It Will Be Brutal
There is still disagreement over when the austerity measures would have to begin. Many Tories want them to take effect immediately, a view 20 leading economists advocated in a much-noticed letter in the Sunday Times.
A few days later, Labour supporters responded with two letters of their own, printed in the Financial Times and signed by more than 60 prominent economists, including two Nobel laureates. They warned that if harsh austerity measures were imposed now, they would inevitably reverse the frail economic recovery and trigger another recession.
No matter when this era of cutbacks begins, it will be brutal. More than 100,000 jobs in local governments are at acute risk, says Tony Travers of the London School of Economics. Some communities are already reducing personnel, and playing fields, libraries and social workers are threatened.
There will also be massive cuts in low-income housing construction and transportation, translating into even more dilapidated housing, more potholes on Britain's already miserable roads, and new cutbacks in high-speed train service. Universities have already lost close to £1 billion in funding, and various think thanks predict that the defense budget could shrink by about 15 percent between now and 2015.
The Independent called such numbers games "unthinkable" or even "unintelligible." Others say they are unavoidable.
Paying for the Banks' Debts
"The British will spend the rest of their lives paying for the debts that the banks and this government have brought upon us," says Mike Whitby, the Tory mayor of Birmingham, who has just laid off 103 people, to be followed by as many as 2,000 more city employees this year.
Birmingham is one of England's oldest industrial cities, although it has almost no industry today. In the past, companies like Dunlop, Austin, Vickers and Morris had factories in the region, but since the beginning of Tony Blair's administration, another 130,000 jobs have been lost there.
The city, which is now heavily in debt, invested in shopping centers, new buildings in its downtown area and the country's most spectacular library, a £190 million project. Birmingham decided to shift the focus of its economy to conventions and tourism, as well as to expand the service sector.
But even when the investments failed to produce new jobs, the city continued to pump money into its ambitious projects. There were piano teachers, diet assistants, debt counselors and park security guards on the city payroll. Birmingham was pursuing the same kind of public utility model that had developed throughout the country in the Labour years, a model that held up until the crisis began.
Today Mayor Whitby, an amateur boxer with a booming voice, ruefully admits that the city will have to develop new strategies, without the government. He is searching for new investors in China, India and the Gulf Emirates, and he has even had some success. There is a model car in his Victorian office, which he proudly shows off to visitors. Whitby convinced Chinese carmakers to buy up the residual assets of MG-Rover. The city's old MG plant is expected to start producing new models at the end of the year.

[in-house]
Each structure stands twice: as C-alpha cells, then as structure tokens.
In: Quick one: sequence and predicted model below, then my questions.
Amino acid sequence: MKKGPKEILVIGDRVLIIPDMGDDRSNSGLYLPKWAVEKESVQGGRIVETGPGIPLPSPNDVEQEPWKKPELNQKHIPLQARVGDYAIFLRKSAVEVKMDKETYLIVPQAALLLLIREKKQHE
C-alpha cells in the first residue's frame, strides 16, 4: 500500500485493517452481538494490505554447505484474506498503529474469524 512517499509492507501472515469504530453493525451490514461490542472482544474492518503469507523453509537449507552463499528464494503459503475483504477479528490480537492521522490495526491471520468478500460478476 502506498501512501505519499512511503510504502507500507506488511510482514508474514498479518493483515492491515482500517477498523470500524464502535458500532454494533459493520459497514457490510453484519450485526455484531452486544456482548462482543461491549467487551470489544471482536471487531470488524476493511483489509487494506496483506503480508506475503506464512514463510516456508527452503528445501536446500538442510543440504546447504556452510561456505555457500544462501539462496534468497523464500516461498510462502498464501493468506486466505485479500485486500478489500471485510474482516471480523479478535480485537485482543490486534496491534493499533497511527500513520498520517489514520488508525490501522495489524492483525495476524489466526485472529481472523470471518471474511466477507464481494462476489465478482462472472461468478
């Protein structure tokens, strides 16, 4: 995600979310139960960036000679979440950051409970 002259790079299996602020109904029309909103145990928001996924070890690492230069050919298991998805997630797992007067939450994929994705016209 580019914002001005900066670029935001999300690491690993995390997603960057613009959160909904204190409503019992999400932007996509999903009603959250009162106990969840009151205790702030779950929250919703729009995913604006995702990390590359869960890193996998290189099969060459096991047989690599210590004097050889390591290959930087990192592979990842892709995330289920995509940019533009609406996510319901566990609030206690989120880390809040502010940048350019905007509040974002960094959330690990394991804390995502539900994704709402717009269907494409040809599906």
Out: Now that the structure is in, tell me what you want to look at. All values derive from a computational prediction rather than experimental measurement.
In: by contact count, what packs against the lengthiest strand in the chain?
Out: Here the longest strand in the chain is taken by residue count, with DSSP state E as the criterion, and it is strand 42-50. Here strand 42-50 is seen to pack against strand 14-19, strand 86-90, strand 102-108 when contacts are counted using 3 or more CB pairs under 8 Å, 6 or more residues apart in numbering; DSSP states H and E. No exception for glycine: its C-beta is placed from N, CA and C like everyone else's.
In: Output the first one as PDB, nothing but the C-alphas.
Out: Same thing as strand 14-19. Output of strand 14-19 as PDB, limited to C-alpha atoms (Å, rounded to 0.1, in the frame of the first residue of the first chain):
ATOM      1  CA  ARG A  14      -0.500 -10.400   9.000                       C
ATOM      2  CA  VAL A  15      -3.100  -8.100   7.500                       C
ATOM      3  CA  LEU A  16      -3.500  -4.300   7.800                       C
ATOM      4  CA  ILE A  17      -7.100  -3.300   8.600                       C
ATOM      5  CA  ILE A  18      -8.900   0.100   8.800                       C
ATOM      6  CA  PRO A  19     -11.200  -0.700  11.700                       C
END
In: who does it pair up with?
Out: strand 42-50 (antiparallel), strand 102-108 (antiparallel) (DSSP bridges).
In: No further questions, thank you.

'Poorer Than It Thought'
Birmingham is a typical example of the British crisis. In large parts of the country, outside London, in places where the world's factory chimneys once belched smoke, the government has already become the biggest employer. The cradle of industrialization has become largely de-industrialized, refocusing its economy on banking and services. Manufacturing's share of GDP was already in decline under Thatcher, but it shrank even more quickly under Blair and Brown.
"The UK is poorer than it thought it was," writes the Financial Times. And there is nothing in sight that could provide the country with reliable support.
Brown intends to correct these mistakes after the election. He conjures up a new form of industrialization, saying that up to 1.5 million highly qualified jobs could be created in the next five years in key, future-oriented industries, like biotech, renewable energy, software and the Internet. The country needs engineers, not financial jugglers, says Brown. But the way Brown puts it, it sounds like a deathbed prayer.
But the country isn't completely without prospects. Great Britain has some of the world's top universities, and few nations are responsible for as many patent applications. Business parks and innovative high-tech firms have developed around the universities, and some are very successful.
Talented Oxford and Cambridge graduates will be working for these companies in the future and not, as in the past, for London investment banks. But while these business will undoubtedly employ larger numbers of young people, will it be 1.5 million, as Brown predicts?
Some innovative graphic designers are already a step ahead. They have taken the successful "Keep Calm and Carry On" poster from World War II and adjusted it to suit the current situation -- creating an instant hit in the process. The new poster features an upside-down crown and the words: "Now Panic and Freak Out."
Translated from the German by Christopher Sultan